24 Hours to Live

Remember that 2008 film Hero Wanted with Cuba Gooding Jr? Yea, me either, but that hasn’t stopped stuntman and occasional director Brian Smrz from delivering yet another forgettable action flick. Oscar nominee Ethan Hawke (Maudie, Boyhood) is the only element here that even provides this cheap action flick with a chance at a theatrical audience, although this is very likely to land on VOD exclusively. Hawke takes a break from his prolific resurgence as an actor to lend his name to a film that otherwise wouldn’t be playing at The Austin Film Festival, or anywhere else for that matter.

“On hiatus,” contract hit-man Travis Conrad (Hawke) says to his longtime friend Jim Morrow (Anderson). Weapons manufacture Red Mountain has a specific job for Conrad, “it comes with a mop unfortunately,” Morrow admits. A whistleblower threatens to expose the company for mass murder and human experimentation, and they need someone to take him out before testifying. Having recently lost his wife and son, Conrad doesn’t have much to love for, but can’t turn down the million-dollar payday. What Conrad wasn’t prepared for is Special Agent Lin (Xu), protecting the informant with all means necessary, and with much more to live for. Conrad is killed by Lin after extracting location intel, and that’s where this story begins.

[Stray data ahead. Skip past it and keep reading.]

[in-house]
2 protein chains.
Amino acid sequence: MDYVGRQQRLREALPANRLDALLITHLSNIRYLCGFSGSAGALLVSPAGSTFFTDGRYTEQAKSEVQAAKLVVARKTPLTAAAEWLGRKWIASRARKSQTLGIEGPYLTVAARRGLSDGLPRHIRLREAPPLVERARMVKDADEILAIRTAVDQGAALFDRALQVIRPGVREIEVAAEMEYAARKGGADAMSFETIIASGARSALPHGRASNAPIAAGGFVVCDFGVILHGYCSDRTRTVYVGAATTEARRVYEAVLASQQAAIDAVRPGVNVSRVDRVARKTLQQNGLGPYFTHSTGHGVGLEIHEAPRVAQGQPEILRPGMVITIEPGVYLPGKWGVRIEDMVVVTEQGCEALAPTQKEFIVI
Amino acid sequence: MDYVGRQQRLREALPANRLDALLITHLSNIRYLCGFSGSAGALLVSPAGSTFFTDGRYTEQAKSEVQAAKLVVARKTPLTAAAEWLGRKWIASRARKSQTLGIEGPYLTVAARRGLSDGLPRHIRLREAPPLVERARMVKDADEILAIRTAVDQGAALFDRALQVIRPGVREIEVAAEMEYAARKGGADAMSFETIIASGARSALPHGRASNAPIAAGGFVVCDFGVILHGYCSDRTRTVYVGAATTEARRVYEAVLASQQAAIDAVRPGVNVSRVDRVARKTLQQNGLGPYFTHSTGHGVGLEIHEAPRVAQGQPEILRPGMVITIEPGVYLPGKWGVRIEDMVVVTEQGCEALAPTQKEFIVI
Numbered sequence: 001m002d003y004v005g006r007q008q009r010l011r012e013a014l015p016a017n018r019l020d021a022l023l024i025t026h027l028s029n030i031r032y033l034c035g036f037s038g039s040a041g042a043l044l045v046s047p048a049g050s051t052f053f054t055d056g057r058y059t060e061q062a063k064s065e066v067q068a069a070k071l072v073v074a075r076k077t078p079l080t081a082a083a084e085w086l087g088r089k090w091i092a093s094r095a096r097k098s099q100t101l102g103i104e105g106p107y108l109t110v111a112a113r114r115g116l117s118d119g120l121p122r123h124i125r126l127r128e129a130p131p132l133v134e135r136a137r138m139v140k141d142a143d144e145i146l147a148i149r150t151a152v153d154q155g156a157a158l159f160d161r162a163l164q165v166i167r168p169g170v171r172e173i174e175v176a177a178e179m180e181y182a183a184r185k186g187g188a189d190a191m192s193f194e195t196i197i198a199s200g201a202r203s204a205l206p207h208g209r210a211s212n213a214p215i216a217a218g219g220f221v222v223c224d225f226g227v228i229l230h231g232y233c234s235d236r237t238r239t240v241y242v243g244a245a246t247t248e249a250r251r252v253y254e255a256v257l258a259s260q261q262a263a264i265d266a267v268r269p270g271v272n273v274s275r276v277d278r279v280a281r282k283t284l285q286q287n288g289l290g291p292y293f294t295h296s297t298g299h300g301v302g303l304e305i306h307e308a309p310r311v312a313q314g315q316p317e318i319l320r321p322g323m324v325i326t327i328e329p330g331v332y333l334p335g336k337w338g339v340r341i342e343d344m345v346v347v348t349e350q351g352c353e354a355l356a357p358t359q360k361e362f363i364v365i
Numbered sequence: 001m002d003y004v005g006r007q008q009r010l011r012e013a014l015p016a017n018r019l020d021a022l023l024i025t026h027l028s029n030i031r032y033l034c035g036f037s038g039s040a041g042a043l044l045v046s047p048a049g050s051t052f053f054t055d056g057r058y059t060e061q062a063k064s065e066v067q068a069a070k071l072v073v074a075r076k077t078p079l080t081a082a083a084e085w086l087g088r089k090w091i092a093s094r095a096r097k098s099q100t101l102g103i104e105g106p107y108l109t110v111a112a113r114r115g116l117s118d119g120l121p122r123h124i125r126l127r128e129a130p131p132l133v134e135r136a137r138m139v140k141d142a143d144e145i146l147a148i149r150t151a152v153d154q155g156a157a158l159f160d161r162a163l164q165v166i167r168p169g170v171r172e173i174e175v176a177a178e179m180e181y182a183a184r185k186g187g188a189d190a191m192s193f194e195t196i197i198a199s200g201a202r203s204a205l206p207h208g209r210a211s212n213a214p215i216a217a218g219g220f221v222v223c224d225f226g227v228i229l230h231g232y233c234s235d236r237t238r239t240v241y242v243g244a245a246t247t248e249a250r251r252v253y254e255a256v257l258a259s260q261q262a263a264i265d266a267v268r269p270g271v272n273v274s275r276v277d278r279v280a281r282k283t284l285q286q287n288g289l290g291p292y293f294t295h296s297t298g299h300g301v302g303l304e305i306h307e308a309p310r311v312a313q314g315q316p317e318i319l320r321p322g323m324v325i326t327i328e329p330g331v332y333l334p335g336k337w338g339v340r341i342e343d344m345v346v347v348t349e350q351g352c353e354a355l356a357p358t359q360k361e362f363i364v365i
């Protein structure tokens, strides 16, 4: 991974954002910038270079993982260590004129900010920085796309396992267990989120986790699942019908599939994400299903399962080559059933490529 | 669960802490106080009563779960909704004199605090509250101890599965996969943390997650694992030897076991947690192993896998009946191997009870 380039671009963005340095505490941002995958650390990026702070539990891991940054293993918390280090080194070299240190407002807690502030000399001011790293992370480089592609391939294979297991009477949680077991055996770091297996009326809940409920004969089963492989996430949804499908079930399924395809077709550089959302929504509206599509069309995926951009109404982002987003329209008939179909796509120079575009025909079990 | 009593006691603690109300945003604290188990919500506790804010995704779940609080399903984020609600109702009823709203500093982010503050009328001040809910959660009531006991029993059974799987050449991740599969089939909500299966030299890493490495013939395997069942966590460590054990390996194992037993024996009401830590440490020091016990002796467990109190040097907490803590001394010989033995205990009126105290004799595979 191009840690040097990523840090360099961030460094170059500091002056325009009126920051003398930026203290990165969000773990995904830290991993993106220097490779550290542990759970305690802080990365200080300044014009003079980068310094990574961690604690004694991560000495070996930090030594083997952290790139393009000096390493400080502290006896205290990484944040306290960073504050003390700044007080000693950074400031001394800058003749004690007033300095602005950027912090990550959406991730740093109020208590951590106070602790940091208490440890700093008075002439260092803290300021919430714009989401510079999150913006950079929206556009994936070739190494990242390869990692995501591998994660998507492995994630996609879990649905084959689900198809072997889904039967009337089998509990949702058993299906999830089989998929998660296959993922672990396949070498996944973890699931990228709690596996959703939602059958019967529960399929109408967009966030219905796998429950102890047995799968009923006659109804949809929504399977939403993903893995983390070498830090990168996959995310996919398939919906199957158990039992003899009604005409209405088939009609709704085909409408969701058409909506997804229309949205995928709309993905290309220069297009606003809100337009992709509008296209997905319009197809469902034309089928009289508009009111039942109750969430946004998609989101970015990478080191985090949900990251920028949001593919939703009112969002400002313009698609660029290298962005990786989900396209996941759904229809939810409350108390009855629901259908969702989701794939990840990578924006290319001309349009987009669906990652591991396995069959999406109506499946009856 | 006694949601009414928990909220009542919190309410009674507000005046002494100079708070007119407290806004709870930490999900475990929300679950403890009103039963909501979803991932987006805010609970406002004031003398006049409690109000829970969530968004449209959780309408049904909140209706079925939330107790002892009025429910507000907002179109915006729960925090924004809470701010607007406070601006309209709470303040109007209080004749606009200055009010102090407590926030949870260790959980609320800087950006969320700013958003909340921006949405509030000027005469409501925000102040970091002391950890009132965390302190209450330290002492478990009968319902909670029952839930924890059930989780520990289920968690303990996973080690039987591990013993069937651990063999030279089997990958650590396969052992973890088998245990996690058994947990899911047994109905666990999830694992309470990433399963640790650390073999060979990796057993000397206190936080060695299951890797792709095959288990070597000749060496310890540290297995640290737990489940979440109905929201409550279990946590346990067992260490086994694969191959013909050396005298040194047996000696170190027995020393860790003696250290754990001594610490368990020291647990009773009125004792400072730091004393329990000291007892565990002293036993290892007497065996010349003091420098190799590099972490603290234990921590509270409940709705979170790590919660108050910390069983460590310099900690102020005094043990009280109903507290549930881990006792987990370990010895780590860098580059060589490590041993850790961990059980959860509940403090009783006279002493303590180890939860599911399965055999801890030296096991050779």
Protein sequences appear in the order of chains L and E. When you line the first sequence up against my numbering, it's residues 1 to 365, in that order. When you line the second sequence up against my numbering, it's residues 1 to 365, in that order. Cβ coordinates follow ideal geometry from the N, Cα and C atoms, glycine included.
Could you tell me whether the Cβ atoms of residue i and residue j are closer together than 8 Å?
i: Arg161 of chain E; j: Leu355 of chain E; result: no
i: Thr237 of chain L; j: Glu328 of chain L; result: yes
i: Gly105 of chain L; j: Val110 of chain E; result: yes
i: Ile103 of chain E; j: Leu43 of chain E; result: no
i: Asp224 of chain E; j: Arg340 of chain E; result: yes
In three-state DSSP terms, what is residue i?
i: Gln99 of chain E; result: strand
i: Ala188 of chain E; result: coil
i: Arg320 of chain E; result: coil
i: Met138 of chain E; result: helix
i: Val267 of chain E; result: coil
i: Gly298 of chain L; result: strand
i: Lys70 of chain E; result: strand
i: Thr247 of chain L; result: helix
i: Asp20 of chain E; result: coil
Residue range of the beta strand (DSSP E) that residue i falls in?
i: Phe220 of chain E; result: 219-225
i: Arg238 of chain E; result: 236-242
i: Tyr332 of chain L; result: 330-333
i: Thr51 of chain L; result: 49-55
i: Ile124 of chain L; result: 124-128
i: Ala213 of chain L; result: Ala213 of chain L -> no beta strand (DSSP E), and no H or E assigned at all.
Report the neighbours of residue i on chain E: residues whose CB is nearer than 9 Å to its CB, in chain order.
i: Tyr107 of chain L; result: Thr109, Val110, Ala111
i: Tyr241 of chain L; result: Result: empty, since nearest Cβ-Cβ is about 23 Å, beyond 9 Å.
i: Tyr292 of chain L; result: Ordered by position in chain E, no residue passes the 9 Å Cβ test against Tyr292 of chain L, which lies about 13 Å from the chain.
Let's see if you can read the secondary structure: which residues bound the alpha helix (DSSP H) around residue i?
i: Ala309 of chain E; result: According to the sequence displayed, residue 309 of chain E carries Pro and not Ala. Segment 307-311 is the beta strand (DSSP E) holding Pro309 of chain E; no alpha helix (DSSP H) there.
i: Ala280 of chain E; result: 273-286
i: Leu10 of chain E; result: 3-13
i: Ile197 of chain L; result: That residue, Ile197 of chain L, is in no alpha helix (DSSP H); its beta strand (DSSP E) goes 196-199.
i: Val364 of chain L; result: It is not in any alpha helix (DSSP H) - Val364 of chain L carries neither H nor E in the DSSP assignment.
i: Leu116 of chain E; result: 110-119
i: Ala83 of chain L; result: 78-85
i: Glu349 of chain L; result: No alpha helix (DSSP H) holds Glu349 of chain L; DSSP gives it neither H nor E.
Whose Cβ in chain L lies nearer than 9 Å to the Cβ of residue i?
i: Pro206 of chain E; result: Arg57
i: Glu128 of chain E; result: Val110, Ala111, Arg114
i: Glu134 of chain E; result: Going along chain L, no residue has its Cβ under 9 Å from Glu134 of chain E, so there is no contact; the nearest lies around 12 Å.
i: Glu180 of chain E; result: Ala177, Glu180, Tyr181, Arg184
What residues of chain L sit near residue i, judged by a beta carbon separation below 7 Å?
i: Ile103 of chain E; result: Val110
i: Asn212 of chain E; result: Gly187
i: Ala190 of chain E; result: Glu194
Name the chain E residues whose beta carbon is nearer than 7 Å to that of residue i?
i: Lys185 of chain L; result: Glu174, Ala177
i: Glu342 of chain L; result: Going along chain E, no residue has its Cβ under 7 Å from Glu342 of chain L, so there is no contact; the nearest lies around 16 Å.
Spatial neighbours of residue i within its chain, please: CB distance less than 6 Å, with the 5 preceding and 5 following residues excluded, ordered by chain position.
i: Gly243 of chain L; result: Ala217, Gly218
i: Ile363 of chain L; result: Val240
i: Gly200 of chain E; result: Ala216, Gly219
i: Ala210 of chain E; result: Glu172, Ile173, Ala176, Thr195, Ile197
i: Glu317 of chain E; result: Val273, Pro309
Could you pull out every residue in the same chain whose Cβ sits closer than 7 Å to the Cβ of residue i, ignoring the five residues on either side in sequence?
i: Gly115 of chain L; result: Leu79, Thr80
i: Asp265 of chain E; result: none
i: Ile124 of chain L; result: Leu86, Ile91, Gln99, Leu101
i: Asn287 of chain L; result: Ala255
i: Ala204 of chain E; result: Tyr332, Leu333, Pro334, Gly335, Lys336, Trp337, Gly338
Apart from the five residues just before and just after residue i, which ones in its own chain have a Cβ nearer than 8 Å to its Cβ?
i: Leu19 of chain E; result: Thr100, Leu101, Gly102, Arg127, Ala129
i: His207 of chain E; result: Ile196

For viewers needing more than just explosions and fight scenes, 24 Hours to Live leaves much to be desired.

“We’ve been developing this new technology,” Wetzler (Cunningham), head of Cape Town’s Red Mountain division explains to Conrad (and the audience), and why a dead man is suddenly now alive again. It’s always some rushed explanation in action movies to explain those types of things. What makes zero sense is why they bring him back, just to get information out of him, then I remember, this is just an action movie interested in violence and not storytelling, and it all makes sense. Chock full of chase sequences and shootouts, where blood splatters and squirts like a Tarantino film, 24 Hours to Live is just garbage filmmaking and dialogue.

For viewers needing more than just explosions and fight scenes, 24 Hours to Live leaves much to be desired. Little to know character development from any of the characters. Smrz and his editor also don’t know how to transition or deliver an effective flashback, which plagues much of this action films drive. There are so many plot holes here; “why doesn’t he just kill so and so,” or “why would they just stand there and talk when they could kill him and be done with it,”. 24 Hours to Live doesn’t want the audience to ask questions, but it stops too often to take a break between sequences, inviting criticism.

Final Thought

Hawke lends his name, but not his talent to this garbage bin action flick.


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